Rummage Sales 101: Finding the Best Sales and Deals

It's springtime, and in my neck of the woods that means one thing: rummage sale time! I've blogged about rummage sales SO. MANY. TIMES. but it occurred to me that I've never done a post to really break down the basics about shopping at rummage sales. So, here's my Intro to Rummage Sales for the uninitiated!


What's a Rummage Sale? 

You may know rummage sales by other names, but basically, it's a sale held as a fundraiser for an organization — like a giant garage sale (or yard sale if you will), but with stuff donated by a bunch of different people. They are typically cash-only, and if you're very lucky there will also be a bake sale, so that you can get not only cheap clothes but also delicious brownies or whatever.

Why Rummage? 

As my thrift audit series aptly illustrates, the beauty of rummage sales is twofold: price, and selection. Again, it's basically a giant yard sale, so prices are usually accordingly low. But unlike most yard sales, a rummage sale will feature donations from a wide variety of people, which helps ensure variety.


How Do I Find A Rummage Sale? 

I've been making the rounds of local rummage sales for long enough to know that they follow a certain pattern. There's always a spate of them in the fall, starting in September and continuing through late October or maybe even into December. Then there is absolutely nothing until after Easter, at which point they start up again fast and furious. They start to taper off again around Memorial Day when garage sales really start to kick into high gear.

Knowing that, a good old Google or Facebook search will usually turn up a lot of events with no problem. If I really need to do some sleuthing, I'll go to a church's website and read their bulletin. They usually put a call out to parishioners a few weeks before the sale, asking for donations, so that gives me plenty of advance notice.

I always look in local papers (especially free shoppers or circulars, which tend to advertise that kind of thing), and I make a point to keep my eye out for fliers when I'm out and about — I've found out about so many sales this way that I would have missed otherwise! If I do miss an event, I'll still make a note of it, in case it comes around again the following season/year.

Shopping the Sale

Once you know when and where the sale is, there are a couple of different approaches to really maximize your experience. If I'm going to a sale for the first time, I try to get there early so I can line up outside (there is ALWAYS a line) and get in quick to scope out the scene.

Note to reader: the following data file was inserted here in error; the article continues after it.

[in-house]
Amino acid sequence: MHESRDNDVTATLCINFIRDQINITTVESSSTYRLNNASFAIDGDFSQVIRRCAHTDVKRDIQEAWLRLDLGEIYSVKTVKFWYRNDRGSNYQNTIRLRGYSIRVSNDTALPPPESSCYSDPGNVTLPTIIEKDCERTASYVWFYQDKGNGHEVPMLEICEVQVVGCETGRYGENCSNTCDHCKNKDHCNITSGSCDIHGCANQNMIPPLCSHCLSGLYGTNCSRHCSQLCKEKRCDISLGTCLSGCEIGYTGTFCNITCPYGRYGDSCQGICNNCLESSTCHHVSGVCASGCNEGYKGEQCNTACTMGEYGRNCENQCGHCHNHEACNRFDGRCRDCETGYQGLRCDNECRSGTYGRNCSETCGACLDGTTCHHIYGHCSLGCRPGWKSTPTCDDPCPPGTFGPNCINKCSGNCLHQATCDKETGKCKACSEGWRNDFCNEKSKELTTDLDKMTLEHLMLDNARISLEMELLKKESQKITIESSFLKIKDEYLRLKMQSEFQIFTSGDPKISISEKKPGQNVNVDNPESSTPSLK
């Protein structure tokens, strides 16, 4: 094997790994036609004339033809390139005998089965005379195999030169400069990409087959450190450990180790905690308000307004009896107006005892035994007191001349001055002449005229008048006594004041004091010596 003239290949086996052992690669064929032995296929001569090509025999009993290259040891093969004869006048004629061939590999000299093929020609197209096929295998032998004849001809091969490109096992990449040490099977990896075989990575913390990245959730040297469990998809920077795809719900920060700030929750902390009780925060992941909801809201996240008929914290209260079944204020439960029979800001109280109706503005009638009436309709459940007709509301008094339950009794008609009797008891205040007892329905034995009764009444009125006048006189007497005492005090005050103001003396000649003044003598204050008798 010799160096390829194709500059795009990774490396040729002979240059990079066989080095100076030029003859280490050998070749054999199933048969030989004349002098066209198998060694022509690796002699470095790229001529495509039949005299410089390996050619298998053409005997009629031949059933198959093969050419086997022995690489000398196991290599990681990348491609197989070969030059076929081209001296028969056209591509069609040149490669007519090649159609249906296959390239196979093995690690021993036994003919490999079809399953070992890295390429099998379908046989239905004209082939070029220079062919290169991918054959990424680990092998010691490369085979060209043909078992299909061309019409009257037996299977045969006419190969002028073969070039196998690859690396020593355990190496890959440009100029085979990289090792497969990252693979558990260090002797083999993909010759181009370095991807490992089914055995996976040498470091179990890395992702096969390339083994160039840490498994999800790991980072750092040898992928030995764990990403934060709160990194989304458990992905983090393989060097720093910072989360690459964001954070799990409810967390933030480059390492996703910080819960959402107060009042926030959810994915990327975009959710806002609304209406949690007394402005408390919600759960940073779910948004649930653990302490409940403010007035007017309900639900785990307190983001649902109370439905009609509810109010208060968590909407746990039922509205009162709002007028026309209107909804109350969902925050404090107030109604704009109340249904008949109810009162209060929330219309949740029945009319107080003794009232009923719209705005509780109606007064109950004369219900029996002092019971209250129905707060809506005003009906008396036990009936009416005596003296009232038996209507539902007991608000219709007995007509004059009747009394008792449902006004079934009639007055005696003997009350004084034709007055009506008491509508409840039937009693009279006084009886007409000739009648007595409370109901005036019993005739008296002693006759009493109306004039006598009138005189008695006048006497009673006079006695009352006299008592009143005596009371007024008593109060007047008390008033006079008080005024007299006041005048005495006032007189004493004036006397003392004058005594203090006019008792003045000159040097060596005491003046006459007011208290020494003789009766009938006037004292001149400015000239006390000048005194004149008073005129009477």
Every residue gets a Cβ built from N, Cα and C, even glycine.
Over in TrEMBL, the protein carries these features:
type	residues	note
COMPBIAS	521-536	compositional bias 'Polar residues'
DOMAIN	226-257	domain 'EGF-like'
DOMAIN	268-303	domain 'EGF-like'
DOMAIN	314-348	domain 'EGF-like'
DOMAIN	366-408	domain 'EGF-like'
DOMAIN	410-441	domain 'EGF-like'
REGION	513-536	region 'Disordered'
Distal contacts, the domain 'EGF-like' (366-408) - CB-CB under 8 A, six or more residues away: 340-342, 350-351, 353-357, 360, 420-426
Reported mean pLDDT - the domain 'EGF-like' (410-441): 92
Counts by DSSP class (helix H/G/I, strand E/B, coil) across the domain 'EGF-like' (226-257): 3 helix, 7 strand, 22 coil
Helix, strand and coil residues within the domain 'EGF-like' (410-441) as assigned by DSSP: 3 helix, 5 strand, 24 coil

My strategy is going to vary depending on the nature of the sale. If prices are super low, I want to grab as much stuff as I can, quickly. If prices are a bit higher, I want to go for the high-value targets first and take my time to make sure they're worth my while. Either way, be prepared to rub elbows with everybody else who's also scrambling for bargains.


Bag Sales

Most rummage sales I've gone to offer some sort of discount at the end of the sale. Maybe it's a bag sale, maybe it's a fixed, low, per-item price, but usually there are bargains to be had. If value for money is really your chief consideration, you can skip the line at the start of the sale and just come during the cheap part to really get bang for your buck.

The down side of this, obviously, is that a lot of the good stuff will be gone. Some sales are so huge that the sheer volume of stuff means there's still plenty of goodies, even at the bitter end. Others get really quite sad toward the end. You can't always predict which it will be!

A Word About Rummage Sales and Vintage

Bear with me here, because I realize that what I'm about to say may not hold true for wherever you live. But in upstate New York, most rummage sales in my area are put on by churches; and the churchgoing demographic here tends to be older. Ergo, a lot of vintage that had been up in Grandma's closet finds its way to the church rummage sale. 

Again, this might not be true wherever you live, but it sure seems to be for me, which is why I can find stuff like this for 10 cents in a church basement down the road.

Anyway, that's my rundown of why rummage sales are worth the time and energy to scope out! Where do you find the best bargains in your town? Let me know in the comments. 

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